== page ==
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321 posts

Ultimate Geek
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# 251421 25-Jun-2019 10:14
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Can anyone point me to regulations on heights and materials and such for running an elevated power line to a shed?

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905 posts

Ultimate Geek
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  # 2263932 25-Jun-2019 11:53
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why not underground ?

 

 




321 posts

Ultimate Geek
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  # 2263940 25-Jun-2019 12:05
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The route is through difficult terrain and vegetation, though not long, 30m or so.

 
 
 
 


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Ultimate Geek
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  # 2264041 25-Jun-2019 13:31
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The cost of poles properly seated + cable etc would possibly be more expensive than a trench.


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Uber Geek
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  # 2267381 30-Jun-2019 17:11
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From memory 

 

- 6mm2 TPS cable, UV rated, supported by a catinary wire. 
- 3 metres above ground, or 4.5m if vehicles are capable of being driven through the area under it.

 

If its a short distance I'd probably also suggest putting it inside some 25mm solar duct 

 

 

 

Edit: Its outside the homeowners legal abilities so you need to work under supervision which means calling out an electrician, them telling you what to do, then when you have installed it, they come back and connect it up. They then issue you a compliance certificate.





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321 posts

Ultimate Geek
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  # 2267383 30-Jun-2019 17:20
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Thanks for the info.


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  # 2267403 30-Jun-2019 18:13
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It will be a permanant eyesore if you go overground. Get the ditch dug and while you are throwing stuff in it for power, put some conduit out there for future fiber run to the place.





Richard rich.ms

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  # 2267451 30-Jun-2019 19:33
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rhy7s: The route is through difficult terrain and vegetation, though not long, 30m or so.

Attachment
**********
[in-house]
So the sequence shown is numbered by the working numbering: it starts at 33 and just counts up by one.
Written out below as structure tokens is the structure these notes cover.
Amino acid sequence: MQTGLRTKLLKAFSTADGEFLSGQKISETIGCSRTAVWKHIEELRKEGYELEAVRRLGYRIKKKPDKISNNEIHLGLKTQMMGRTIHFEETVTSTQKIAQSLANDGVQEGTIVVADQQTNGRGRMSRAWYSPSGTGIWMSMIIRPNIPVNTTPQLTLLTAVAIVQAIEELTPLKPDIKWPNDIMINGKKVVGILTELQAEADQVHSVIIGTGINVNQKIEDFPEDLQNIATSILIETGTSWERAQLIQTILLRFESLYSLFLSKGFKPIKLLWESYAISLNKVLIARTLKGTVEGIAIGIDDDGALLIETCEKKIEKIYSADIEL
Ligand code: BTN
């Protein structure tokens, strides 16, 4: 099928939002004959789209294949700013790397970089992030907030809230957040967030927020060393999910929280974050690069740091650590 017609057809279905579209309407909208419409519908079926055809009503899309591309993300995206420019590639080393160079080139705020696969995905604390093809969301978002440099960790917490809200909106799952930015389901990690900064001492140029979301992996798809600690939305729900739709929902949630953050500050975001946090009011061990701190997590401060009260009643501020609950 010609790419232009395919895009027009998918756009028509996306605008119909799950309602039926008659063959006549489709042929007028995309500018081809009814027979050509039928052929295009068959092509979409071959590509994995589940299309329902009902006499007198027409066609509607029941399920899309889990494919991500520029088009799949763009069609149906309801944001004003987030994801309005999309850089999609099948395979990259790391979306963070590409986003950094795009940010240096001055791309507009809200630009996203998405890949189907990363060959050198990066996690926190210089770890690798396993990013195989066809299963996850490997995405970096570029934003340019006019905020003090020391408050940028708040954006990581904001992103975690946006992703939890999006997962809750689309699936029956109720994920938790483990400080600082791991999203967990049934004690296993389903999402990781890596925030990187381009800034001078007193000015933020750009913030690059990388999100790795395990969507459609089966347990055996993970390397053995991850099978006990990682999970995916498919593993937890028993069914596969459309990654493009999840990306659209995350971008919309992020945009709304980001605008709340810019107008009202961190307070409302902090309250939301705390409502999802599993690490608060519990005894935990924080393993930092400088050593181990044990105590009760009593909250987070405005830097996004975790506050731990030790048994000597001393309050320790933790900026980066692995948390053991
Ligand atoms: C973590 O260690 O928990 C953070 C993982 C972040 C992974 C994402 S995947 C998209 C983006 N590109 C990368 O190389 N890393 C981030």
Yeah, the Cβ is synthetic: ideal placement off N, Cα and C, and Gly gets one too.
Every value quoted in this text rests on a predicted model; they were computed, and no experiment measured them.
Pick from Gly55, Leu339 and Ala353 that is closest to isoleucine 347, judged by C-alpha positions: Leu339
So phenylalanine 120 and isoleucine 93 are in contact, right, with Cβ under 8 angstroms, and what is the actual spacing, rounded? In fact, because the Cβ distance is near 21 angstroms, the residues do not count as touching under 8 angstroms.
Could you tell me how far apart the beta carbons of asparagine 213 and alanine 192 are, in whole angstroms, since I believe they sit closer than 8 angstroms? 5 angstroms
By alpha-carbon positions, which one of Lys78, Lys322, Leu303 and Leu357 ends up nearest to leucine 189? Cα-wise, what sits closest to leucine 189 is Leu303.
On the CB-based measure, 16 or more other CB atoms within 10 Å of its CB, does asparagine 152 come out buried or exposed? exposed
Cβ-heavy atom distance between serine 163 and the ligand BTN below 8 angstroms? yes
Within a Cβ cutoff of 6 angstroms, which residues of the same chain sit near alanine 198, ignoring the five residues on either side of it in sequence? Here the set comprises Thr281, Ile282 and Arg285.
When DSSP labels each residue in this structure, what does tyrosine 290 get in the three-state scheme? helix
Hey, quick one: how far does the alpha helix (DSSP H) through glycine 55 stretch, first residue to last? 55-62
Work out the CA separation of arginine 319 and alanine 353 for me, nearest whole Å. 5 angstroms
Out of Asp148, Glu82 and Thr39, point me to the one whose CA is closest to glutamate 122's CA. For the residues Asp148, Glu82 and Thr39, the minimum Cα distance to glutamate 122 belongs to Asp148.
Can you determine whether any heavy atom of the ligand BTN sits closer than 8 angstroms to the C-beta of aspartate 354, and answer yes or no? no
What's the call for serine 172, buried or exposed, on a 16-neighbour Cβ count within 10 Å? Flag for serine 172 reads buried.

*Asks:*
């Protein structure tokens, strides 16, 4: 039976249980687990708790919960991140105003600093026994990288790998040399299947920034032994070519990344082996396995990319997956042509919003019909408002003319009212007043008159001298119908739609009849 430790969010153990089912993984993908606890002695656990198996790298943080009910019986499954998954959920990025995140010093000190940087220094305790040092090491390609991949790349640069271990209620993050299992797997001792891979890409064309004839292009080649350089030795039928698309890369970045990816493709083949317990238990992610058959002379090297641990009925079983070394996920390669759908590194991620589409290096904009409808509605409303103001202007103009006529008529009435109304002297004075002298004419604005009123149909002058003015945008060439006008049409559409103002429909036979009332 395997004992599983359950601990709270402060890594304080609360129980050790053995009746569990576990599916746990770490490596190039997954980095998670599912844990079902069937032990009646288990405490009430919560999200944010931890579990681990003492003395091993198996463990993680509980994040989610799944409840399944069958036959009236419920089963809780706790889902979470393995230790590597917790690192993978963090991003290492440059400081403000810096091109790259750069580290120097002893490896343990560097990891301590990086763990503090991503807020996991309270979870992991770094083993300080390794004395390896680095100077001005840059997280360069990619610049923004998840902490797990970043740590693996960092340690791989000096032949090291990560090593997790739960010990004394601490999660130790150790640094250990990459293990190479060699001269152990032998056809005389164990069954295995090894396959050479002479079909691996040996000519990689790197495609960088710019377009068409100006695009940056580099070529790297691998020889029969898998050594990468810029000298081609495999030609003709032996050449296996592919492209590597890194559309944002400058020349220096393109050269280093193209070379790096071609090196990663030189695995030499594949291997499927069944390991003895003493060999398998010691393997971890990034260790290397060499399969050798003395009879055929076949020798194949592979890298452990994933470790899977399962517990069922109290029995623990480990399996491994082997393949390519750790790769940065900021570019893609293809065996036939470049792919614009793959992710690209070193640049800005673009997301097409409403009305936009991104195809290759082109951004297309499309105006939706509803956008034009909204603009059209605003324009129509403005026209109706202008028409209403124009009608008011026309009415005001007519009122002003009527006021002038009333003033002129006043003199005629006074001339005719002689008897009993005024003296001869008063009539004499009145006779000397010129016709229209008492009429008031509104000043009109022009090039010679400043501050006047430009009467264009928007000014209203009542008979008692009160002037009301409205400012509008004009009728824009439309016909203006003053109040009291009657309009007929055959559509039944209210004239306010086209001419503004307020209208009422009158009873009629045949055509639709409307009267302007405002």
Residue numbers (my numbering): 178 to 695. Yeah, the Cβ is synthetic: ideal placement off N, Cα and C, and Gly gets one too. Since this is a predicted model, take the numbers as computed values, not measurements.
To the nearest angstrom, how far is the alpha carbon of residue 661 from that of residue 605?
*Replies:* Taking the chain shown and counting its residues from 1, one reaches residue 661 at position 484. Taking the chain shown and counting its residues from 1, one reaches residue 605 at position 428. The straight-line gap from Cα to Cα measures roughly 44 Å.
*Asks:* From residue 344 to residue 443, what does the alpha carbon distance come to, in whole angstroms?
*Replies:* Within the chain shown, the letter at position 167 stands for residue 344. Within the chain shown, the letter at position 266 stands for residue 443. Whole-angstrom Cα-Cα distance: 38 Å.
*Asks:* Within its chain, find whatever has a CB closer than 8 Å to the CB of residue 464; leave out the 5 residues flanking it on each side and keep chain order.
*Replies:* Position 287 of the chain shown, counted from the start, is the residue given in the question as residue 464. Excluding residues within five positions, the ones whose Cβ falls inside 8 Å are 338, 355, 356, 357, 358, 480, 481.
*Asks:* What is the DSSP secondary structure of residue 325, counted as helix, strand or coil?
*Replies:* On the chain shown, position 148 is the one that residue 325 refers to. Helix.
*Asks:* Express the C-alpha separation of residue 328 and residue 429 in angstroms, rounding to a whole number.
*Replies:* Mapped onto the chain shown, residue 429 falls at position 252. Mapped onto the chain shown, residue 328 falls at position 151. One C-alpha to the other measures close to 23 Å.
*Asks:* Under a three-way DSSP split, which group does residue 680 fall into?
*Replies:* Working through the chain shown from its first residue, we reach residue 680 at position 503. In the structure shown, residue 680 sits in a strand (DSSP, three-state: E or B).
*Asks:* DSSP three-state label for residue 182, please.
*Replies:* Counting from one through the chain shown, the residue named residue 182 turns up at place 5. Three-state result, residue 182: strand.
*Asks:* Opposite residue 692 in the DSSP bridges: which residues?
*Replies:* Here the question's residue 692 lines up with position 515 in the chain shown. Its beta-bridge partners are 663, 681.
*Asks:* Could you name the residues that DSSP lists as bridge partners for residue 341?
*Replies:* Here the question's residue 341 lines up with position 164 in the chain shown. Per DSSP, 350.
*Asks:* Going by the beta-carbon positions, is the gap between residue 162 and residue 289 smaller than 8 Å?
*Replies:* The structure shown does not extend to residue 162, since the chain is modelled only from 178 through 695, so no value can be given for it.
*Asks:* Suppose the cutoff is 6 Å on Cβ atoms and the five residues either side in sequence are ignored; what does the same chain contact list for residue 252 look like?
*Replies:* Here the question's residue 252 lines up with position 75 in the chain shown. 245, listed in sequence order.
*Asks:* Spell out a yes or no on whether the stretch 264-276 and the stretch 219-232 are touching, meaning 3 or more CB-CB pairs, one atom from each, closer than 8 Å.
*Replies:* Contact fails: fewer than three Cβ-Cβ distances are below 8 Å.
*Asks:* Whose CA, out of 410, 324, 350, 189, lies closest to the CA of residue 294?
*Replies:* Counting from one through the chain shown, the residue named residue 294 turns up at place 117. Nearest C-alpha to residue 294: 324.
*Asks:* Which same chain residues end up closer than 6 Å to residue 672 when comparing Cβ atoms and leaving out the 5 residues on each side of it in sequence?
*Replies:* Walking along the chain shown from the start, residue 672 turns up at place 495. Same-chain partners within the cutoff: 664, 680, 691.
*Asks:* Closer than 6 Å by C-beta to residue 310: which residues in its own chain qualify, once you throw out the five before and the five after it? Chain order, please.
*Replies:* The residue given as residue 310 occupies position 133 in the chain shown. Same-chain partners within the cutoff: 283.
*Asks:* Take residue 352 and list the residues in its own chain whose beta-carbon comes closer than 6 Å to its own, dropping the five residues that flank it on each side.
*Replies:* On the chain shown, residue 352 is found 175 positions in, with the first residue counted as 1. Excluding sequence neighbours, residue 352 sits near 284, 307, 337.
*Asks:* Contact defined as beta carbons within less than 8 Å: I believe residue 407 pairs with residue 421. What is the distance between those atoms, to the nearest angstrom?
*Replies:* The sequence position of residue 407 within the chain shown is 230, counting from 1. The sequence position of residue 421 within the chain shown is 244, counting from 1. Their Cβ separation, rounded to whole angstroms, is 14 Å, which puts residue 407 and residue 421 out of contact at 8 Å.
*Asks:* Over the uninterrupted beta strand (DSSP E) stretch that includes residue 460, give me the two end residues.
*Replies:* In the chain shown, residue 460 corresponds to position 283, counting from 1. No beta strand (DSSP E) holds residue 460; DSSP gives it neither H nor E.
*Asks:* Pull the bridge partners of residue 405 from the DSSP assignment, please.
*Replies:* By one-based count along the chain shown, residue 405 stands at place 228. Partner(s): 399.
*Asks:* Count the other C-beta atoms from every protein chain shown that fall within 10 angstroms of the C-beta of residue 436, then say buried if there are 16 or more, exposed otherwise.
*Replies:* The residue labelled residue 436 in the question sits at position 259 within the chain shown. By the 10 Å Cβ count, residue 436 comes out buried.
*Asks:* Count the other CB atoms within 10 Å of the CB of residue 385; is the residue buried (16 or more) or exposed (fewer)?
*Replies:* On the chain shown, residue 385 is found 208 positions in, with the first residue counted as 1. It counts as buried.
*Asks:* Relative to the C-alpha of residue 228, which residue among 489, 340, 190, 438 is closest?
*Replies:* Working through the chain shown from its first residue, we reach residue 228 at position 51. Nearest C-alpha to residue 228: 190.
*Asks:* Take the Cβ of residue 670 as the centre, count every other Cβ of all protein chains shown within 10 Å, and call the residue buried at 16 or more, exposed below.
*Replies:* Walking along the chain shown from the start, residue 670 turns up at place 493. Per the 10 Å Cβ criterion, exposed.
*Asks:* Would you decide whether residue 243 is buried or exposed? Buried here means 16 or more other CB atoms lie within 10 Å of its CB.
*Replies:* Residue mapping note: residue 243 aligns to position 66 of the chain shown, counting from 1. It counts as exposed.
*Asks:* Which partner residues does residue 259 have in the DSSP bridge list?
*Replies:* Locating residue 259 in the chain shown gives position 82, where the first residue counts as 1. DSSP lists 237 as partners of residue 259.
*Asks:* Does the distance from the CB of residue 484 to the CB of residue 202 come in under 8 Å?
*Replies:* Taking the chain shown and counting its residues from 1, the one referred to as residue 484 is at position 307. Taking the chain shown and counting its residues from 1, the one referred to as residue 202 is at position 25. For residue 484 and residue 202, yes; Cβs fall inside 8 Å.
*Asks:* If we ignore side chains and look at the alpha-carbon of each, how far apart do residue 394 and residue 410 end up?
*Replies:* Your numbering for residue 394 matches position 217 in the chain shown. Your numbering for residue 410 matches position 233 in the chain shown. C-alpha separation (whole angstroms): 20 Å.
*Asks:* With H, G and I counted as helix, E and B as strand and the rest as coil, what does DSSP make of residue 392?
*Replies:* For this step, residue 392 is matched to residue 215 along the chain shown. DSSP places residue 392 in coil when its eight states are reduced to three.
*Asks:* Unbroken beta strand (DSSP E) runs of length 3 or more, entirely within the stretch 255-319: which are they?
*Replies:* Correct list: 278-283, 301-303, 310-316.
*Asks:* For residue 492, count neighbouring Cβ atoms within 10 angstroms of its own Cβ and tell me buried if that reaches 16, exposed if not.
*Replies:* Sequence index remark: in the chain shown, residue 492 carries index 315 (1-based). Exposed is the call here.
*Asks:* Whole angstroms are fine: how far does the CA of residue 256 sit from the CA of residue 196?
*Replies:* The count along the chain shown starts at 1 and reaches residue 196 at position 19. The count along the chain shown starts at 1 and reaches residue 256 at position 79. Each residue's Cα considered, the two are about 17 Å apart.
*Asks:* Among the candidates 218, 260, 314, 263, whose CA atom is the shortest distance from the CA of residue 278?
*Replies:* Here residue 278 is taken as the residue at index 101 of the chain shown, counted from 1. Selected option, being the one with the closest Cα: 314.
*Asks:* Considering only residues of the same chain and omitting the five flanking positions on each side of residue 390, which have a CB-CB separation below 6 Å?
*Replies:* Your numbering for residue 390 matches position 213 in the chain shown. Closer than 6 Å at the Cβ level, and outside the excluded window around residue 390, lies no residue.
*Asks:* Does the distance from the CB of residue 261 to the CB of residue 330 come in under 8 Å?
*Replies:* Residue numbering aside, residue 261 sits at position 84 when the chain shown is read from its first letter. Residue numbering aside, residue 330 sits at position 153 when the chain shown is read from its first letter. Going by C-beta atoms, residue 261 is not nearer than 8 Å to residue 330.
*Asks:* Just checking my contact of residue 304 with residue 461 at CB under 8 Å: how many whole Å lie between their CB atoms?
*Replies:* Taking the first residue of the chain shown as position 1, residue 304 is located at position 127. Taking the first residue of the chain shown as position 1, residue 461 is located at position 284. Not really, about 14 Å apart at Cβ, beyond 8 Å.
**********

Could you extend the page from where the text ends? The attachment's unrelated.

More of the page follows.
So how do you walk there at the moment?  You could trench the same route?

 

 

 

 


 
 
 
 


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  # 2267469 30-Jun-2019 20:00
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Get an electrician to quote the job.

Size of the cable required depends on the load in the shed. As well as the voltage drop on the existing mains cable and wiring from the street to your house. From there, the sparky can calculate what size cable would be needed to keep the voltage drop within spec.

And if you are unlucky, the voltage drop on your existing wiring would be more than what the code allows. Meaning that it would be impossible to add any new circuits and make them compliant without also upgrading the mains cable to your house.


If you want to DIY it. You will need to find an electrical inspector who is willing to check your cable size calculations before hand, then inspect every stage of the job. And then make the final connection and certify the job.


If you only need the power for some lights. Might be far easier just to rig up your own cable and just run 24V over it for some LED lights.





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  # 2267514 30-Jun-2019 21:21
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Aredwood: 

If you only need the power for some lights. Might be far easier just to rig up your own cable and just run 24V over it for some LED lights.

 

Or if only lights look at a solar panel to charge a battery.





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Ultimate Geek
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  # 2267587 1-Jul-2019 03:59
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Mind the lightning strike protection!





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